A good test for whether or not an application is taking a document-centric or a data-centric approach to data modelling is
*mixed content*. Mixed content cuts to the heart of the document-centric worldview and is famously ugly when represented in an OO-like modelling approach.

Greg says:

    "The BNF-like approch seems to suit better the higher-level speficiation (such as an order document) that may more od a real syntax rather than just being a Java-like object/data structure."

I would argue that the grammar based approach works best when applied all the way down. I think switching paradigms from container types (like tables or hash tables) to "native types" (like record/object/integer) is both unhelpful and unnecessary.

Thanks for the comments, Greg.

Jython on the move

[via The daily Python URL]. A useful list of pointers to recent Jython articles. A Jython 2.2 release is targeted for early Summer. Yummy.

Wednesday, April 21, 2004

A service oriented approach to e-government architecture

My colleague Conor O'Reilly presented a paper entitled "A service oriented approach to e-government architecture" at XML Europe this week.

I will be presenting along similar lines at the FCW government CIO conference in Florida in May and also at eGovernment confererence in Dublin in June.

Why RelaxNG for document-centric integration

Greg Wdowiak asks about advantages of RelaxNG for document-centric integration.

Some quick thoughts.

1) In a document-centric system, both documents and their schemas, are meant to be read by humans as well as machines. Relax NG - especially the compact syntax, is a joy to read. The *meaning* of the schema jumps off the page at you unaided by anything other than a text editor. For long lived notations, the ability to grok the grammer quickly and without fancy tools is very important.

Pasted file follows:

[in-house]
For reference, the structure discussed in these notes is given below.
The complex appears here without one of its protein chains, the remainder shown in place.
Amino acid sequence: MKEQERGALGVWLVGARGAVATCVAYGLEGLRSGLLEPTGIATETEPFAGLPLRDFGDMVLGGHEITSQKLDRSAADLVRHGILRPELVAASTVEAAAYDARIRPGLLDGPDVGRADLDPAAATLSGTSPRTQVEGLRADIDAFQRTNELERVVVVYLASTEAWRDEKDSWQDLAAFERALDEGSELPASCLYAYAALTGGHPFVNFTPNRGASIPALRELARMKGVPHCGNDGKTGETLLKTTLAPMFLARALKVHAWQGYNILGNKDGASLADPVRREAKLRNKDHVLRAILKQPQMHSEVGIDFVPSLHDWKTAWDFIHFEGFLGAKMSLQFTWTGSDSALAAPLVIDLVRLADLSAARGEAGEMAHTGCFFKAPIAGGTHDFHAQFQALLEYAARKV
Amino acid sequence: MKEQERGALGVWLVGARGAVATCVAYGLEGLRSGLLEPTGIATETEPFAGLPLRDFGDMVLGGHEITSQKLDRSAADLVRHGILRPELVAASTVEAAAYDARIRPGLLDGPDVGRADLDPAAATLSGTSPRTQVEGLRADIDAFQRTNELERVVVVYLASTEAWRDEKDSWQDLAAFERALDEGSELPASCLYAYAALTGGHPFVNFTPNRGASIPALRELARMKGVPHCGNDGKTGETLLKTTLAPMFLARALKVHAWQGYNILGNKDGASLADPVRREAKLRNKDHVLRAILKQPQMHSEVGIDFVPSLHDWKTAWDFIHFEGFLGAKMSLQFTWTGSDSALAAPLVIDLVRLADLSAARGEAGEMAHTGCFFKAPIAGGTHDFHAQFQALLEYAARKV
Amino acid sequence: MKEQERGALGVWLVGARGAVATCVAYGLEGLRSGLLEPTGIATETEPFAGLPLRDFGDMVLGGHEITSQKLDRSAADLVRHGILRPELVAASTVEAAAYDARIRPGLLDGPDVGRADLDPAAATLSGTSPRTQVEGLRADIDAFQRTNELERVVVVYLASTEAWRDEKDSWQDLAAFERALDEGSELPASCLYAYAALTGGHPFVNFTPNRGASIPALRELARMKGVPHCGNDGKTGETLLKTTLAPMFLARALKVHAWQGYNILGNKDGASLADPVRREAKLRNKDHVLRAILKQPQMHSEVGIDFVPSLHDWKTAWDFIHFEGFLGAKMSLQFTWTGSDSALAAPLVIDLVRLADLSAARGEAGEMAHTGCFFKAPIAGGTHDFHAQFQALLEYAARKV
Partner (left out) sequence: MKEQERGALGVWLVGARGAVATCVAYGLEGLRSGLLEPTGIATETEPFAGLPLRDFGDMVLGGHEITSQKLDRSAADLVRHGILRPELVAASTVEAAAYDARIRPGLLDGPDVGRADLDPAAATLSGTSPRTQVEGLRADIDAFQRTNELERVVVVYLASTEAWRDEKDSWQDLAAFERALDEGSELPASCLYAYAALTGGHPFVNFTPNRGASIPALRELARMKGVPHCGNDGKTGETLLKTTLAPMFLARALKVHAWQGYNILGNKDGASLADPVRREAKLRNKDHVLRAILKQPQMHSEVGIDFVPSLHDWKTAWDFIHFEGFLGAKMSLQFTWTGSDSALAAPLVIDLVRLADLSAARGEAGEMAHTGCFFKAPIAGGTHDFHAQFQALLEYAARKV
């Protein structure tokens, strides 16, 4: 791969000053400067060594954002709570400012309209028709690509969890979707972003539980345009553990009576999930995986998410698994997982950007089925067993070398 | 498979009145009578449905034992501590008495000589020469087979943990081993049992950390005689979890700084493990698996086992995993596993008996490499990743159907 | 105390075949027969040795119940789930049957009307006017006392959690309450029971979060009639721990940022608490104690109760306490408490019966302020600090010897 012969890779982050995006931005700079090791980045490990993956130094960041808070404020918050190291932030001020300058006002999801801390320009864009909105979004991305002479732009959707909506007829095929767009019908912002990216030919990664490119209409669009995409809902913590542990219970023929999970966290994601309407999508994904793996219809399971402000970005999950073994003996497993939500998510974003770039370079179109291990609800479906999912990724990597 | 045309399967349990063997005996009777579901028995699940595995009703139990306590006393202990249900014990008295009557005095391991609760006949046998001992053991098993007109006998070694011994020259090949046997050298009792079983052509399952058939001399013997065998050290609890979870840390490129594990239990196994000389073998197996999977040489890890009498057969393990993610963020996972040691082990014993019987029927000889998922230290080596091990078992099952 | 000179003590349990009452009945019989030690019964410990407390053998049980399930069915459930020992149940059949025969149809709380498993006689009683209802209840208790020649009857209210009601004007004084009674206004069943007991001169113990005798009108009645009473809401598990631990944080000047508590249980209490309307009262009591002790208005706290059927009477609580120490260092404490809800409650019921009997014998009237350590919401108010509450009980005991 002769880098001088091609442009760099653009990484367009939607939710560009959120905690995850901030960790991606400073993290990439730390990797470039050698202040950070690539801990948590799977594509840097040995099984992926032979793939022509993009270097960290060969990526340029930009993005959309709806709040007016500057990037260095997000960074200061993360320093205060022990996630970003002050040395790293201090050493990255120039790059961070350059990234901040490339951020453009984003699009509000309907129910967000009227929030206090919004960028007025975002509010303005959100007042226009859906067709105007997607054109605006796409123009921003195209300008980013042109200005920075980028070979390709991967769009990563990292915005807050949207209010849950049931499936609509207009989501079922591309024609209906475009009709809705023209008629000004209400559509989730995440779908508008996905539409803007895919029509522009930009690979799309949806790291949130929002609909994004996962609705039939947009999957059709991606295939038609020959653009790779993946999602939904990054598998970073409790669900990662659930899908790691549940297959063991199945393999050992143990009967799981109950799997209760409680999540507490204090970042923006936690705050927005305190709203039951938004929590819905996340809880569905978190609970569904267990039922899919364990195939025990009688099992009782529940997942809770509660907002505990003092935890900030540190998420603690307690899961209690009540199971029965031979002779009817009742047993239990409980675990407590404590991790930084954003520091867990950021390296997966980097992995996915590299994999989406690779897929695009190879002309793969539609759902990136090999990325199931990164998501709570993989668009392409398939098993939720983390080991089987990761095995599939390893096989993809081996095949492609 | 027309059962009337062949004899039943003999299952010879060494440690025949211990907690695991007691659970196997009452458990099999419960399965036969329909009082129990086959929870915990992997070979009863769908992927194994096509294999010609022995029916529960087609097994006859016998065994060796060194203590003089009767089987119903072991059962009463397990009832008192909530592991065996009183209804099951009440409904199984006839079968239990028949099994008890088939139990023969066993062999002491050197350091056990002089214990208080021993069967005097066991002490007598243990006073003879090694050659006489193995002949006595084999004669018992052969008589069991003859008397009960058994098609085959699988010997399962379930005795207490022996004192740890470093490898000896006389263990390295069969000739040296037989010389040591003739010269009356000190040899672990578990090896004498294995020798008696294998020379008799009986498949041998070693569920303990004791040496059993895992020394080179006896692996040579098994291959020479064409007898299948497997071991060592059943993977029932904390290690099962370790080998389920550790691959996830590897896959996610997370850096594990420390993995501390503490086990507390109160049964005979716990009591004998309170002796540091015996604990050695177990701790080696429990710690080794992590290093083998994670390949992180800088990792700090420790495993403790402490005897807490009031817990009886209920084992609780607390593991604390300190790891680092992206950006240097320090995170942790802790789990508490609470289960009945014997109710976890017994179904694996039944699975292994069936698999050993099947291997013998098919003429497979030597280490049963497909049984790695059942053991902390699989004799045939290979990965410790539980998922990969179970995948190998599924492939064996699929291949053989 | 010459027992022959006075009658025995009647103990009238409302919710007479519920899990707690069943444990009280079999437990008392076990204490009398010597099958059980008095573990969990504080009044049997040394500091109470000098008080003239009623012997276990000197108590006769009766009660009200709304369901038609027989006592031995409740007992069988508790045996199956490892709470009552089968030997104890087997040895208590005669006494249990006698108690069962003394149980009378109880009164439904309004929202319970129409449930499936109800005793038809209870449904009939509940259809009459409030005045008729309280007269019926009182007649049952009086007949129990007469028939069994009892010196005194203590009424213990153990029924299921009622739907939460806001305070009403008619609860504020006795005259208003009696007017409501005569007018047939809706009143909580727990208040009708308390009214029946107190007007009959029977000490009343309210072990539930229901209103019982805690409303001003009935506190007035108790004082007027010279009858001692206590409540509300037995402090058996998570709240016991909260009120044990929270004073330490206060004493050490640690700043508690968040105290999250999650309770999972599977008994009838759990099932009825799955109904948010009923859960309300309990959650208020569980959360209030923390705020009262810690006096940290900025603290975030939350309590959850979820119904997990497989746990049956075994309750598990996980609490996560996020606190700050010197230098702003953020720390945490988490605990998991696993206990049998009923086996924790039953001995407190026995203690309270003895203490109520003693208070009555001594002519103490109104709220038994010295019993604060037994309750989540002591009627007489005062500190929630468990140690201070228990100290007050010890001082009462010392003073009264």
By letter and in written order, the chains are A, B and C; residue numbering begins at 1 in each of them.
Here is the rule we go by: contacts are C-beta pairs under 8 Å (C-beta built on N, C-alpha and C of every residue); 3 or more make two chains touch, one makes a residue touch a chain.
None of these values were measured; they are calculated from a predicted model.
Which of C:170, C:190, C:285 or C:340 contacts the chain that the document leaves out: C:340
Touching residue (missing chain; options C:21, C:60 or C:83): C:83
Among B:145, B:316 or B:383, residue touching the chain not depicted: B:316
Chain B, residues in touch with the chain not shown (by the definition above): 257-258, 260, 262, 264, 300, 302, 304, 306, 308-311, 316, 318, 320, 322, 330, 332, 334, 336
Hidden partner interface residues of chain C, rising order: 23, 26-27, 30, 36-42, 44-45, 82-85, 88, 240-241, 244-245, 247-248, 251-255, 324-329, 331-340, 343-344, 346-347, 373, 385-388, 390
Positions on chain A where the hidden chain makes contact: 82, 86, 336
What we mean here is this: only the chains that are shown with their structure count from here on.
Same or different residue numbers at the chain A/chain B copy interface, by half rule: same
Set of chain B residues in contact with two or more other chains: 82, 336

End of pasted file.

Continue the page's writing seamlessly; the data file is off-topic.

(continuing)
W3C XML schema on the other hand, requires tools to create visualisations before you can even begin to comprehend the semantics of any reasonably sized schema.

2)Relax NG is based on a beautiful, clean formalism called Hedge Automata ( Its expressive power makes RelaxNG (thanks to tools like trang)
an excellent "pivot notation" for grammar based schemata (

3) Relax NG has a simple syntax with very few moving parts. W3C XML schema - with its multiplicity of overlapping types, multiple attribute declaration mechanisms etc. has, um, lots of moving parts. Excessive moving parts create interoperability problems. Interoperability of W3C XML schema implementations leaves a lot to be desired.

4) RelaxNG is an ISO standard (ISO/IEC 19757).

5) RelaxNG validation does not mess with your XML instance. No PSVI. Proper separation of concerns between validation and infoset augmentation.

6) RelaxNG "patterns" can be used as "non terminals" in BNF style grammars which makes schema fragment re-use very straightforward.

7) RelaxNG has an open-ended approach to data typing.

8) I've been a markup specialist every working day of my life for about 20 years and I only understand a subset of W3C XML schema. I have a pretty thick skin for complexity but I have my limits :-) Relax NG by contrast is SIMPLE.

9) W3C XML Schema attempts to take object oriented design concepts (such as inheritance) and apply them to grammars. This doesn't work well for document-centric applications. In fact, I would go so far as to say that OO approach is at odds with document-centricity.

10) Edd Dumbill's closing keynote at XML Europe included the assertion that Microsoft use RelaxNG to create schemas and convert to XSD with Trang. If its good enough for Microsoft, its good enough for me:-)

I highly recommend James Clarks analysis of Relax NG versus W3C XML schema here.


Thinking out loud about open outcry trading methods

e-trading in the e-pit.

Monday, April 19, 2004

Origins of reliable messaging

Where/when did the idea of reliable messaging arrive. MQSeries goes back to exBridge so that gets us to 1992/3. What about before then? Anybody got any pointers?

RelaxNG - quietly, with little fanfare, an unstoppable momentum gathers

Mike Fitzgerald on RelaxNG in OpenOffice. A couple of weeks ago in Cambridge I heard from Lou Burnard that RelaxNG has been adoped by the TEI.
As the world increasingly wakes up to the document-centric integration philosophy that is the only really new and interesting stuff in the SOA and Web Services shenenigans, the benefits of RelaxNG over W3C XML Schema will become increasingly apparent.